'Hyperdiffusionist' is certainly a 'hyper-misunderstanding' of the course, since I stated that the course was interested in addressing the debates concerning the various views involved, 'debunked' or otherwise. Alongside the history of med, sci & tech in WH itself, I'm interested in helping students understand – among a number of other complex related issues – the historical development of the debates surrounding questions of contact & exchange versus independent development.
Welcome to H-World, a network for practitioners of world history. The list gives emphasis to research, to teaching, and to the connections between research and teaching.
Perhaps I misunderstand the objective of this particular course, but the description caught my attention. It reminds me a bit of hyperdiffusionism (not to be confused with diffusion). In the history of anthropology, as you may know, this debunked position is historically exemplified by the Egyptocentric (heliolithic) theory of Grafton Elliot Smith and W.J. Perry in the 1920s. Half a century later, an Afrocentric version appeared in Ivan van Sertima’s “They Came Before Columbus” (1976).
New Year greetings. I will be teaching 'Medicine, Science and Technology in World History' this semester. Debates over crosscultural contact and exchange versus independent development are central to the undertaking. Among other historical cases, I plan to raise the question of possible pre-Columbian contact between the Mayan and Egyptian cultures. Along these lines, I've come across the following sources in my brief, limited searches thus far:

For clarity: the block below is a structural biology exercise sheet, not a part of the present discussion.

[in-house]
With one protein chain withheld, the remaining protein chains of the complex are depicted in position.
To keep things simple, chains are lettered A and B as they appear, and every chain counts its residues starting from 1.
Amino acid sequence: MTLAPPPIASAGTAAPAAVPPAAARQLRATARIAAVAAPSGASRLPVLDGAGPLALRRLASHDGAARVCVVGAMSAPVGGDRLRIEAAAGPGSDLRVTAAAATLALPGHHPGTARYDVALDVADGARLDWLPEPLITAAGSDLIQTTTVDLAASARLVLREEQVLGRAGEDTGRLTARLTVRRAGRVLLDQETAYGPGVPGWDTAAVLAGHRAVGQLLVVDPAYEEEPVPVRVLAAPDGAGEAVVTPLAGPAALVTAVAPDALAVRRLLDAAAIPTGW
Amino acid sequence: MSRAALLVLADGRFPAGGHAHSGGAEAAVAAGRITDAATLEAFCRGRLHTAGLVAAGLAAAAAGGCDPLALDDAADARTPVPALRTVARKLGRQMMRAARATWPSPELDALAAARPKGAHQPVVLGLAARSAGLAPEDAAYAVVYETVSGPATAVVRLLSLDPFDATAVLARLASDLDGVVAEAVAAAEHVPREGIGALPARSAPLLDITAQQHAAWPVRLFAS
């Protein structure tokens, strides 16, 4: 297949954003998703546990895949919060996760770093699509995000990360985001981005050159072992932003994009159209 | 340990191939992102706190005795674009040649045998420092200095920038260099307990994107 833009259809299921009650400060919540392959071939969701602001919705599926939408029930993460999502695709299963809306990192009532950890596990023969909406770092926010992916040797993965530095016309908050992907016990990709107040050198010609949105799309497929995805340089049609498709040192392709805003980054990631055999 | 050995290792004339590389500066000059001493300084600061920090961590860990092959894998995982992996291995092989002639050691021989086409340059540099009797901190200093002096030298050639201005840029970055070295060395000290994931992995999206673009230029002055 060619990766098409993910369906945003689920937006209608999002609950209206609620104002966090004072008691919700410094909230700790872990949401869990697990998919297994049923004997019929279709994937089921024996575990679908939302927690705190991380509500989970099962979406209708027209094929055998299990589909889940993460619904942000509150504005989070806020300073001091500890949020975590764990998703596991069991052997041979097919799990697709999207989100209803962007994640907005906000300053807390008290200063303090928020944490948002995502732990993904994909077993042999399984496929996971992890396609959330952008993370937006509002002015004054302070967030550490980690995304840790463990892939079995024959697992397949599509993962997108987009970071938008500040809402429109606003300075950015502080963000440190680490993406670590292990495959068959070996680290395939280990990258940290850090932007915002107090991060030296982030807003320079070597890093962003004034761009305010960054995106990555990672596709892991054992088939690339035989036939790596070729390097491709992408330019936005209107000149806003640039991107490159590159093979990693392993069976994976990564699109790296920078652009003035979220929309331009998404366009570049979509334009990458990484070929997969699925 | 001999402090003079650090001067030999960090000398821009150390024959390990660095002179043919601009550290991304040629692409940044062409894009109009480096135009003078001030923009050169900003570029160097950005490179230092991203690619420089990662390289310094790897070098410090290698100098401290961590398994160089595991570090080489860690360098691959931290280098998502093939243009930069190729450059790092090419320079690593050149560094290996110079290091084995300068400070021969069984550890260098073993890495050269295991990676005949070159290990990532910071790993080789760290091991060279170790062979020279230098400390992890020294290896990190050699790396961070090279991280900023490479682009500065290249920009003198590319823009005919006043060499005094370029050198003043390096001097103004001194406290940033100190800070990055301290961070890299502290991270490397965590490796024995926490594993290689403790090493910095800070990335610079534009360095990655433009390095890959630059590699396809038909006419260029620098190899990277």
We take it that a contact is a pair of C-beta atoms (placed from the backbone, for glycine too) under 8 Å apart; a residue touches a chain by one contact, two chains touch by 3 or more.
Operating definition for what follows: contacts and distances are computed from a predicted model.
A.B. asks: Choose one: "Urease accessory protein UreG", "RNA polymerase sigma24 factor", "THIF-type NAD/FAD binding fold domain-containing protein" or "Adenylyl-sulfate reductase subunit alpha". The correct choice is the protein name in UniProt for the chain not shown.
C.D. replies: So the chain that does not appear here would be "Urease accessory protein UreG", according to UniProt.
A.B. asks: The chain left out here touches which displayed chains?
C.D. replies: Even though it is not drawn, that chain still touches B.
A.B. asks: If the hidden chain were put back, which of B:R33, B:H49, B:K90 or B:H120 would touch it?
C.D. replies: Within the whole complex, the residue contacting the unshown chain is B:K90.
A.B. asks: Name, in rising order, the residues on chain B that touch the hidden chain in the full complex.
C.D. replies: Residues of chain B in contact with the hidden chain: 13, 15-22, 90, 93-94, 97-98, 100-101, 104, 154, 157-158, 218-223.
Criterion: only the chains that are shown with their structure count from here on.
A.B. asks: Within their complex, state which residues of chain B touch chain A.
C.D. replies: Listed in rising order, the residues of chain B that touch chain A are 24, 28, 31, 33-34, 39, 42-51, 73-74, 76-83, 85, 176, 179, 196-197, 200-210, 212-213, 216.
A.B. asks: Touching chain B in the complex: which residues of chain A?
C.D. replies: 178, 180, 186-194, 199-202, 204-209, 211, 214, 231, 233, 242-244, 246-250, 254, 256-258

I’m interested in organizing a panel for the AHA 2020 that will explore ways for incorporating the environment in world history courses, particularly in survey courses and in the pre-industrial period, though I am flexible. If interested, let me know.
Sincerely, Matthew Herbst
UC San Diego
I think it is worth sounding a note of caution as to whether the piece (by Brands & Gavin) really expresses all or even most of what there is to say about this topic. In fact, I'd go so far as to say it does not even support the case its authors are themselves trying to make.